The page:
Do images of horrific crashes flash before your eyes when your child announces, “I want to be a pilot”?
Has one of your child’s teachers ever suggested the child consider painting as a career—and your reaction was an indignant, “Don’t you dare plant such ideas in her head; no child of mine will be a starving artist!”?
Have you saved for your child’s college education for years, only to have him announce he isn’t going, but plans to start his own business instead?
Even if you answer “no” to all the above, chances are you don’t picture your children’s future careers as matching their current hobbies. Most parents, consciously or subconsciously, expect their kids to earn college degrees by age twenty-two, and then to take well-paying corporate office jobs, or perhaps become doctors or lawyers or teachers. That may be the typical career path in middle-class Western society, but there aren’t as many “typical” people as you might think. Only 33.4 percent of Americans over age 25 have a bachelor’s degree or higher—and the remaining 66.6 percent include some of the highest-earning CEOs in the world.
And if all the adult population were doctors, lawyers, teachers, and office workers, where would we be without:
Everyone knows this, but somehow, parents find it difficult to picture their children being happy in anything but a “typical, safe, financially secure” career. The truth is, even the most “typical” careers aren’t guaranteed physically safe or financially secure. They can even have the opposite effect, driving those who find them tediously boring to drink, depression, or suicide.
People who love their jobs—no matter how unusual, low-paying, or unpredictable the work—are physically healthier and less anxious than people who live only for the weekends. If you want your children to live long and happy, don’t think about how they’re going to earn a living: think about how they’re going to make a life. Watch what they enjoy doing in their spare time, and encourage them to think about those interests when planning what they want to do full-time someday. Whatever they show talent in, or even just say they want to be, provide opportunities to explore what the job is really like (the good and the bad) and how people get from high school to there.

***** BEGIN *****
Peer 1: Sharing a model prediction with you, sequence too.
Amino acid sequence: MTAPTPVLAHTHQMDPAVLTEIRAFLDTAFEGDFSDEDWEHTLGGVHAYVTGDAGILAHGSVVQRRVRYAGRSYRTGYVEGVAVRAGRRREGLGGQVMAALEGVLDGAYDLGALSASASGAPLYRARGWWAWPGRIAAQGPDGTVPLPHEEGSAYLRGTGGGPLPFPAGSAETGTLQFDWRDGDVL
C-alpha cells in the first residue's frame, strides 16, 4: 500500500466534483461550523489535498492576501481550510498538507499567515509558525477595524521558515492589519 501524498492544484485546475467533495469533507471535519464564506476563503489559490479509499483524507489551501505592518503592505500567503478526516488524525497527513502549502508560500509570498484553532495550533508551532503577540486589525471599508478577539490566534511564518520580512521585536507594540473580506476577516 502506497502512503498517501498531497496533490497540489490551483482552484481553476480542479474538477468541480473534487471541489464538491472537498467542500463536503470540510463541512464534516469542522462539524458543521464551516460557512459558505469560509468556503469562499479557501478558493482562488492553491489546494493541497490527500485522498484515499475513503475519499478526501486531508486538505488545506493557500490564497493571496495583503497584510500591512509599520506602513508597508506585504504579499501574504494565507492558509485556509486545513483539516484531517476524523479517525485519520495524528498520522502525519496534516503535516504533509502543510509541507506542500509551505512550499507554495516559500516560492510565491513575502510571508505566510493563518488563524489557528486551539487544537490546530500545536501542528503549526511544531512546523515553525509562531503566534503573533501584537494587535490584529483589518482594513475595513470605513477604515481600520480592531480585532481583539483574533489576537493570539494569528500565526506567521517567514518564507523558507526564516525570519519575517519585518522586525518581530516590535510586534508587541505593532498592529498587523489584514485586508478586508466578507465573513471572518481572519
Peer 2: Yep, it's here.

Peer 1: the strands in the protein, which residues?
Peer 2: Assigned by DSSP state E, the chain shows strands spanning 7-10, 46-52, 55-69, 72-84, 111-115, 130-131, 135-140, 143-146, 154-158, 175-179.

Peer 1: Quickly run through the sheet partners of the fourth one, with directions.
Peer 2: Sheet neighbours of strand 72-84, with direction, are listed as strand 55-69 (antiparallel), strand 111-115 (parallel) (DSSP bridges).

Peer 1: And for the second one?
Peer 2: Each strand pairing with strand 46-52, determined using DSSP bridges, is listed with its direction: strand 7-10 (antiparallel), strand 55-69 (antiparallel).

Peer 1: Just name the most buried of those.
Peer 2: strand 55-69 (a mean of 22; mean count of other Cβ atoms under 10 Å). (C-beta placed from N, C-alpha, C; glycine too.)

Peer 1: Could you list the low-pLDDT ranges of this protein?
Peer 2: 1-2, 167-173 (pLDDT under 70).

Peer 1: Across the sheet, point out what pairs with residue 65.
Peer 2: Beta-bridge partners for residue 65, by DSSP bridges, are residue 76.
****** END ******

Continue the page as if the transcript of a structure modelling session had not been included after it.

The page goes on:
And—very important—never ridicule or panic over a dream. With small children, it’s easy to chuckle at “I’m going to be a race car driver” announcements, figuring they’ll learn better soon enough. But if someone still has that idea when he’s fifteen, his parents can become hysterical trying to talk him out of it. Don’t let a panic reaction convince you your child is already as good as dead or destitute if she doesn’t get that crazy idea out of her head. Starting an argument will get her defenses up and only make it more difficult to accurately assess risks, appropriateness, and alternatives.
Besides, that money you didn’t spend on college may help you live long and proud of your opera star.